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New Job: Manage Anxiety w/o Meds/Therapy?

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Last month I wrote a post about losing my job from panic attacks.


After a month of searching and preparing, I managed to secure a new job as a website developer for another small company. There are not many options in this city for this type of work, so I really need to make this one last!


The deal is that I will be working on a three month contract as a front-end coder to pick up the slack for backed-up projects. I'm confident in my abilities as a developer and I feel like being away from the designing end of things will give me a chance to do something more structured and less stressful than having to squeeze out creativity during a high-anxiety period. If in the next three months I prove myself a worthy investment for the company, my contract will end and I will gain a full time permanent position.


The office holds about eight employees, all young women with the exception of one who will be the lead I work under. This will be a first working in a female-dominated environment. I get along fine with people, male or female, so I am not afraid, I just don't know what to expect on that front. I don't know if there is a difference working with mostly women compared to working with men. I am more comfortable working in a semi-private location that is still close to the action of the office. This particular office has no such arrangement. I will be working in a completely open (and small) space so it will be difficult to find a quiet place if I need a break from the noise. My coworkers have been descried as 'close-knit' so it is imperative I fit in and mesh well with the personalities of each person. I need to blend in to the dynamic of the workplace, there is no room to be disconnected or quiet.


In order to help combat my fears, I have been to the local mental health clinic for assessment. I was told I was being given 'urgent status' on a waiting list for two group therapies. I was told to expect up to two months to be contacted for one, and a few weeks for the other. I have not heard anything since then. I was not given any further information about the groups or their location, nor was I given contact information. I saw a new doctor recently and he has put in a referral for a psychiatric assessment of my mental state and my current medications (which I know are not working for me right now). Although progress is in the works, I still do not have any form of therapy and my medication is not under control. I am basically floating without any help whatsoever.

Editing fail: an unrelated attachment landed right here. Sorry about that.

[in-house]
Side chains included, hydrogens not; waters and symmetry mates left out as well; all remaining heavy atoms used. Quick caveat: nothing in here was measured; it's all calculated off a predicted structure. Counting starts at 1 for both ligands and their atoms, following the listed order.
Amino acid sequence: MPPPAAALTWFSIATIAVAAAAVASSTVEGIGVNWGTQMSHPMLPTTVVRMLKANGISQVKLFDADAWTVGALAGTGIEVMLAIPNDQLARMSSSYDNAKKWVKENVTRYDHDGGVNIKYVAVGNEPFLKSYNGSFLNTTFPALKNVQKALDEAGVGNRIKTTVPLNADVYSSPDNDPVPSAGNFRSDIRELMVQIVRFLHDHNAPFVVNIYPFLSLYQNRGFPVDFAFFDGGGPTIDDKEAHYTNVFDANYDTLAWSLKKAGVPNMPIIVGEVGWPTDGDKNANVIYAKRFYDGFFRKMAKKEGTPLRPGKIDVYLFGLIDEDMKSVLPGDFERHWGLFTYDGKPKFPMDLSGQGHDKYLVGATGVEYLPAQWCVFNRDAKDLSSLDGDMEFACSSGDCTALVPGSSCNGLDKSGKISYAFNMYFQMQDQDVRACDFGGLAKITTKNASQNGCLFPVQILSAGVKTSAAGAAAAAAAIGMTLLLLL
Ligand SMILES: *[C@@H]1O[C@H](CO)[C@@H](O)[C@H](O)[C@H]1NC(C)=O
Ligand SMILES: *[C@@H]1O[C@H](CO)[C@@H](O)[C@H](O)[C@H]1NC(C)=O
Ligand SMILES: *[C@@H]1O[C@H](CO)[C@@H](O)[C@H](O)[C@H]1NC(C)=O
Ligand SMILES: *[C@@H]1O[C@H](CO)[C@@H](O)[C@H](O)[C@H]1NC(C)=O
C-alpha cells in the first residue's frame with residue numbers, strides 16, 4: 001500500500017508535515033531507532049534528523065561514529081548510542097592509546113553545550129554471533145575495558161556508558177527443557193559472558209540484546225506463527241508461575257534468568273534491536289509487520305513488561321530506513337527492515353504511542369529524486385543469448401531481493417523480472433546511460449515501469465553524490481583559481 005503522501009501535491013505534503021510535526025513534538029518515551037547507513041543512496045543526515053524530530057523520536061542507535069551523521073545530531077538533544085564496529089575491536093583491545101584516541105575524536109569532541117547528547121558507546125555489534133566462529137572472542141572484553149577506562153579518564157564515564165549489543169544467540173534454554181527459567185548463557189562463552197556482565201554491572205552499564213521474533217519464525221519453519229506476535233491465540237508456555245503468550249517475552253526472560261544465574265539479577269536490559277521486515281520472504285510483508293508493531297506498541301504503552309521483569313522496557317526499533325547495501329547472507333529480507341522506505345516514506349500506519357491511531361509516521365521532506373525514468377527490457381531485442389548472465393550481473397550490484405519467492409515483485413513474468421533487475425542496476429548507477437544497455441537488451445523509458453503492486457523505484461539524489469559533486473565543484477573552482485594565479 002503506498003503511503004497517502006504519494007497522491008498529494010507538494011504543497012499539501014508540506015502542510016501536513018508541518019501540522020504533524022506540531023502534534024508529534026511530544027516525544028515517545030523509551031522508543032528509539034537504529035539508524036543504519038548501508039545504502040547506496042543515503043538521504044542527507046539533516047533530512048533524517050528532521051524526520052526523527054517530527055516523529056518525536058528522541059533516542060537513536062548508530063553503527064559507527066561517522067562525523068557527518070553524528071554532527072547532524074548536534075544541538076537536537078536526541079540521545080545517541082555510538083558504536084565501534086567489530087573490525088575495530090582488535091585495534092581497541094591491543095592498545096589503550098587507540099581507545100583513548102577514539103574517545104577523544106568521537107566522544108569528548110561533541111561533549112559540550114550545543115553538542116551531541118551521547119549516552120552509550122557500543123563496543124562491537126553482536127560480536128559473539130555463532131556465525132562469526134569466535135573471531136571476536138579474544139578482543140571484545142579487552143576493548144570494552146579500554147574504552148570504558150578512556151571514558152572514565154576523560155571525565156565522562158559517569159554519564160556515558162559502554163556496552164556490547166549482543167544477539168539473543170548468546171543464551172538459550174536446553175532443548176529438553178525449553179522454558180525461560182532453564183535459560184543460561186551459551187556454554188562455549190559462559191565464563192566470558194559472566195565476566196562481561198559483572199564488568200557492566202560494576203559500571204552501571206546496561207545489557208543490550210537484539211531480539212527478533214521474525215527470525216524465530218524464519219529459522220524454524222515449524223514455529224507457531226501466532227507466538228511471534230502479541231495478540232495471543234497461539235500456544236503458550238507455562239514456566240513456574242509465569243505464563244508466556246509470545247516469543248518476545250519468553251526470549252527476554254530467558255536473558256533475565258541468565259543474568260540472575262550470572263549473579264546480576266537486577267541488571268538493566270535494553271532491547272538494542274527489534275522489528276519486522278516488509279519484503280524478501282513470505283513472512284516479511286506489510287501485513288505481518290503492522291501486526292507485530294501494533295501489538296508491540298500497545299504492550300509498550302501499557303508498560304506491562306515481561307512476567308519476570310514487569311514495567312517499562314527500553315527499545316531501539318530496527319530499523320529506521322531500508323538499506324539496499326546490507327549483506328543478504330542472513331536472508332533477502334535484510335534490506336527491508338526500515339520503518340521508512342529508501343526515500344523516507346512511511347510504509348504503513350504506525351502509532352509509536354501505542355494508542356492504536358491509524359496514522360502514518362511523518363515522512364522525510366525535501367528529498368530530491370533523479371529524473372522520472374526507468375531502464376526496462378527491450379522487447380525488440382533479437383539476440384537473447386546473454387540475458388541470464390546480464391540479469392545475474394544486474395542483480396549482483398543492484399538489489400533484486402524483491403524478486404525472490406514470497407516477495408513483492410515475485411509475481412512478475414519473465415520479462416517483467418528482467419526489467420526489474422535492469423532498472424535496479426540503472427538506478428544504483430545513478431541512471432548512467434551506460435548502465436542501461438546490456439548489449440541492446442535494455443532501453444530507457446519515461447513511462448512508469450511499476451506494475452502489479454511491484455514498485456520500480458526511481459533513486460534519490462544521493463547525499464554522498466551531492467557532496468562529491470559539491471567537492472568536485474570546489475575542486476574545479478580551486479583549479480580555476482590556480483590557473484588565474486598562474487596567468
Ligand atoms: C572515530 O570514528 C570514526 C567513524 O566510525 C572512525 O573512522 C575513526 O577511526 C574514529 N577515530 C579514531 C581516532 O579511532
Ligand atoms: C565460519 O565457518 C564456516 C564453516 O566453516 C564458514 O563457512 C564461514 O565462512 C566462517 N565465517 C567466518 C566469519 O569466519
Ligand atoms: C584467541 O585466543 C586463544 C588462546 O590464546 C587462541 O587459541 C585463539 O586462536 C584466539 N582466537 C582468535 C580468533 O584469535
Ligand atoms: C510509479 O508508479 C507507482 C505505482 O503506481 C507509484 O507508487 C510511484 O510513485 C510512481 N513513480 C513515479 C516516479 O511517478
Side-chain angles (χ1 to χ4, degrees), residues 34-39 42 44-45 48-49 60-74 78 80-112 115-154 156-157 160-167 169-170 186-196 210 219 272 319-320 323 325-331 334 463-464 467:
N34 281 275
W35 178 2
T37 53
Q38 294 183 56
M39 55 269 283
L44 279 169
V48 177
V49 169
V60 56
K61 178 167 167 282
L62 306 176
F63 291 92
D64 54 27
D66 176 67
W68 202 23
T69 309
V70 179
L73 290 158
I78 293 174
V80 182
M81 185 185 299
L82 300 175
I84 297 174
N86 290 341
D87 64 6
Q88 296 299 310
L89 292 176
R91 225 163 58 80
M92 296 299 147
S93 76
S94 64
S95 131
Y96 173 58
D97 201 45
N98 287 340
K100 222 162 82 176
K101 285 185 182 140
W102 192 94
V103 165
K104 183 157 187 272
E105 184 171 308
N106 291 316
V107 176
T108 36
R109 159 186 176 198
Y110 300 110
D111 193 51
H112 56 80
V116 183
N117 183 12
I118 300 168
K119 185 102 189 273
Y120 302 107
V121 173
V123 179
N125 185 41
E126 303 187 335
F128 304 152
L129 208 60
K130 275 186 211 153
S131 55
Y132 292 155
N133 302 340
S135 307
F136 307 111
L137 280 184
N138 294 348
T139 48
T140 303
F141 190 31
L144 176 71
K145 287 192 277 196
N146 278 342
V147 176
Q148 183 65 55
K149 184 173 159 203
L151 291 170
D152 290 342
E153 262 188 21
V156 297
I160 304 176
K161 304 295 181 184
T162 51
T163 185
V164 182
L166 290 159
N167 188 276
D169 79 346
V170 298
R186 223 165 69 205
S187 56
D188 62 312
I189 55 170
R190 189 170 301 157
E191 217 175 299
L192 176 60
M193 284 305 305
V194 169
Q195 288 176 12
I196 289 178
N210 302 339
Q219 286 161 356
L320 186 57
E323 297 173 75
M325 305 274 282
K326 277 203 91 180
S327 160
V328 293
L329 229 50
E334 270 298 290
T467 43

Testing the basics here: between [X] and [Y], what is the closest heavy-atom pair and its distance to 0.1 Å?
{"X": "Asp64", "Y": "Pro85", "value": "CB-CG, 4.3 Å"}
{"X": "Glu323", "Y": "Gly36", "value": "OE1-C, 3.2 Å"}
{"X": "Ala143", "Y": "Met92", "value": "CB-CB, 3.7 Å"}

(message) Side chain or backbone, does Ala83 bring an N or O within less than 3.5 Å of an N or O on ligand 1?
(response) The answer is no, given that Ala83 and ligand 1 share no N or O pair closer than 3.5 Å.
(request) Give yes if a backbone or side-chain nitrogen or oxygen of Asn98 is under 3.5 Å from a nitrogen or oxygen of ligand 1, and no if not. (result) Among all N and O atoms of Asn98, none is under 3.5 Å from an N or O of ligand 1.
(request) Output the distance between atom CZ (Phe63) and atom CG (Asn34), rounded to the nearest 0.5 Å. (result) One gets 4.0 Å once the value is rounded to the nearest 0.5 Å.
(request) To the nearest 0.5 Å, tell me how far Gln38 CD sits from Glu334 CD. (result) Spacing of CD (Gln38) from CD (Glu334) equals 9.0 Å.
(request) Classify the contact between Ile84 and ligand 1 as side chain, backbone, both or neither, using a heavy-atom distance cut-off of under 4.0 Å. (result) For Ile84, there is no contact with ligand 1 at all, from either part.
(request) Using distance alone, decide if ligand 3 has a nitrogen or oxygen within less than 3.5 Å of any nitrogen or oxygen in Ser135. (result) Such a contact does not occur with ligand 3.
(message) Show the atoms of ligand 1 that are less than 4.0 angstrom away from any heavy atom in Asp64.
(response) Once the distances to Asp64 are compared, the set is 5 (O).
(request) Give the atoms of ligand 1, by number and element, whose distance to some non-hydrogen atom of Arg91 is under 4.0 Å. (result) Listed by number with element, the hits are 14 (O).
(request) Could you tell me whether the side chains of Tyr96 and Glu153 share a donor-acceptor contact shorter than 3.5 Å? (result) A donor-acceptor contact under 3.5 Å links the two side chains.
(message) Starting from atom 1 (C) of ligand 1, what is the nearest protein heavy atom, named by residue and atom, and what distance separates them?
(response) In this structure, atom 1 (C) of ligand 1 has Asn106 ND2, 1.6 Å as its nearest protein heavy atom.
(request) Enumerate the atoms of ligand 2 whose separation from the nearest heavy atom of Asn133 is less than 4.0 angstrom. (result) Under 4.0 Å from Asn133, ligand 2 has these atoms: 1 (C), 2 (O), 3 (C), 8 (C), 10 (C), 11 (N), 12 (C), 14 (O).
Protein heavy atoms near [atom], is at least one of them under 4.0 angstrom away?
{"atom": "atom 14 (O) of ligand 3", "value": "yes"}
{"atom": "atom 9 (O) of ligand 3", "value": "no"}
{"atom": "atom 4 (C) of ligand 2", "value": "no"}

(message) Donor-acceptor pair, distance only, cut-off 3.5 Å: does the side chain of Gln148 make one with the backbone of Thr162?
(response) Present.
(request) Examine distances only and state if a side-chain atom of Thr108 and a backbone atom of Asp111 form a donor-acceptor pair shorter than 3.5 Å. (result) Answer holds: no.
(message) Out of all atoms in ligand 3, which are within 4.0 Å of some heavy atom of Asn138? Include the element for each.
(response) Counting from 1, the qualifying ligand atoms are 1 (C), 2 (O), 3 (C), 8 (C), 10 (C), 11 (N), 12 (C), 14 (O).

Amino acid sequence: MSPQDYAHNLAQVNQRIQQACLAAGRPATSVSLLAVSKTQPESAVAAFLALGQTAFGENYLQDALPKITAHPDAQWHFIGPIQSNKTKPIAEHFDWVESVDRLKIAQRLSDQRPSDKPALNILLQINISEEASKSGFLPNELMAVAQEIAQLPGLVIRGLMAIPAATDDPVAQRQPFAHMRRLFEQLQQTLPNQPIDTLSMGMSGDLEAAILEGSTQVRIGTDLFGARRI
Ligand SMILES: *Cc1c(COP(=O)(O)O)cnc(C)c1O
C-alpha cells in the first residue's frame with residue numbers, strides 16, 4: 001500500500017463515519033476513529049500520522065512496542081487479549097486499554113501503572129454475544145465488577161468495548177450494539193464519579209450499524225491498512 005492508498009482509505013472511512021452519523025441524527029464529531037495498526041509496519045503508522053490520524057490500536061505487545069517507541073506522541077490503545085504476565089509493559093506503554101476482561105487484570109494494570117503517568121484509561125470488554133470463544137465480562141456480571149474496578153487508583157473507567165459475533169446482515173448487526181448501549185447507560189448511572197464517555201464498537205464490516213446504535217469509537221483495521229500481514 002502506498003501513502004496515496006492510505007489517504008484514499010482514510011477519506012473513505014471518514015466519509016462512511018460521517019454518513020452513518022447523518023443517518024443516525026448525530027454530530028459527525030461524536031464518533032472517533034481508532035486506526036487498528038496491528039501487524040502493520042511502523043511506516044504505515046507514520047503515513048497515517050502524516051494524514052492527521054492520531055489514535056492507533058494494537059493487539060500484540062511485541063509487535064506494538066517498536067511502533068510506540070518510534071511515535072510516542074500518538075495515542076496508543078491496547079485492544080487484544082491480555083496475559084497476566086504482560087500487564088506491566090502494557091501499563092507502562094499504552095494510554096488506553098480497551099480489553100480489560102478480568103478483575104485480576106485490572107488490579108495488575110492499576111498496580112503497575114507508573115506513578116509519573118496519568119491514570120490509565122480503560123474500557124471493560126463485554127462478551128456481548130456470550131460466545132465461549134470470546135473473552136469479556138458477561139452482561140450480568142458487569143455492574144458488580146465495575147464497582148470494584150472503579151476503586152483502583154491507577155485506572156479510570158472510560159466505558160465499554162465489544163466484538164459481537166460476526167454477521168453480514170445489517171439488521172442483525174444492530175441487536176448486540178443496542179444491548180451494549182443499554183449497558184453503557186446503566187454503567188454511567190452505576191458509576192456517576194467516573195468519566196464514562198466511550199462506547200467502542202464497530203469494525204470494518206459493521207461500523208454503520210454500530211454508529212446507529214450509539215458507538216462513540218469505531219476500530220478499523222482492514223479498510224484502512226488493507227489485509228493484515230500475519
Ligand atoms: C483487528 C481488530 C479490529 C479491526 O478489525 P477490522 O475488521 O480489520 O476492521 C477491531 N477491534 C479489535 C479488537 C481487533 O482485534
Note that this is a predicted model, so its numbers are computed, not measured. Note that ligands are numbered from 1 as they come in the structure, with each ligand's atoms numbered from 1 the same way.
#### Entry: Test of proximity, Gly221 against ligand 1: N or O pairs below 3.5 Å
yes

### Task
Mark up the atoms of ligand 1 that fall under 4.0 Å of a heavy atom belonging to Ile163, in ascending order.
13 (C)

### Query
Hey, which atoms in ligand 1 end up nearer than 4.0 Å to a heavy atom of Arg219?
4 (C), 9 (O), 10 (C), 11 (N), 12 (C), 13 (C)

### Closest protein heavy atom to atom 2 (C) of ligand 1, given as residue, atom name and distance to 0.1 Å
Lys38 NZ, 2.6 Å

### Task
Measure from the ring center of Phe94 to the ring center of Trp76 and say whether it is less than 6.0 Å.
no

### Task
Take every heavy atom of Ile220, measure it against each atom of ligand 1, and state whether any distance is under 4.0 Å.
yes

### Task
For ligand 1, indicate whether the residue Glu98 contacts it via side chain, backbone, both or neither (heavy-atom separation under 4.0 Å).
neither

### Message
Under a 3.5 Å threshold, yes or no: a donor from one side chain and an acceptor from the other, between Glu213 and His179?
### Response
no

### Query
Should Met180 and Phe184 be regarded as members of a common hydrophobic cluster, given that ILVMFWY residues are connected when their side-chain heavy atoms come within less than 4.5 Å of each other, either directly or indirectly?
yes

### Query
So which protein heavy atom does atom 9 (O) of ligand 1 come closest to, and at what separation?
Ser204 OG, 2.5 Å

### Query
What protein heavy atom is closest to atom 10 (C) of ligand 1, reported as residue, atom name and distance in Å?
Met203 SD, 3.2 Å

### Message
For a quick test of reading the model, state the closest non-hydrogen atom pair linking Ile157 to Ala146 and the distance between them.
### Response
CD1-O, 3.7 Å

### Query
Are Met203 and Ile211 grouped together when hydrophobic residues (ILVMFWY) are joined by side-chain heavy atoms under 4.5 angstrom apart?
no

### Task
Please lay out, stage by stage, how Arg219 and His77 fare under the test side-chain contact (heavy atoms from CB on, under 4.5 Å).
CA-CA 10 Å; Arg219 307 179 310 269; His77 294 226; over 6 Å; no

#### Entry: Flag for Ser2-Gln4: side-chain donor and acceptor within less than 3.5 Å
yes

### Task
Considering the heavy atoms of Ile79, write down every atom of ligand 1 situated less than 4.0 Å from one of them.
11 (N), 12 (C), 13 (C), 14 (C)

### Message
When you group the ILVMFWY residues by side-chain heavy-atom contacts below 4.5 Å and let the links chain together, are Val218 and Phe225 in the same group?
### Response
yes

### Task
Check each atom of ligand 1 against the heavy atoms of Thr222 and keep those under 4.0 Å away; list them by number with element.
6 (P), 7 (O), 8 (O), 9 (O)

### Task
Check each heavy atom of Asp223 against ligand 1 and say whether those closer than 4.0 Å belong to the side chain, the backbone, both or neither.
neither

What I would like to know is how others cope with work. What type of interim solutions are there for people who have no choice but to carry on with a normal life without any aids? Although there may be a little more flexibility at this company because it is small, I will still need to show up every single day (historically a difficult point with me), I will need to be calm in the face of my coworkers, and I will need to be fit to complete my work within given deadlines. I would really like to have anti-anxiety medication to help me while I wait for my psychiatric assessment, but the most recent doctor I have seen did not want to touch my medication himself, and a previous doctor I saw wanted to have my previous health records first (but my previous doctor has a policy against releasing her notes and will not do so). Is there a way to get a prescription, from these doctors or elsewhere, to help me?


Any comments are valuable and appreciated!

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Headphones are the first thing that come to mind... Noise cancelling if you can afford them.


Take some time to be interested in your colleagues instead of just task focused.


Learning how to do progressive relaxation and/or meditation and/or deep breathing.


Those are the other immediate thoughts I have.


Other than congrats on finding a new position so quickly!


Maybe after you show some reliability in office, you could request to work from home occasionally?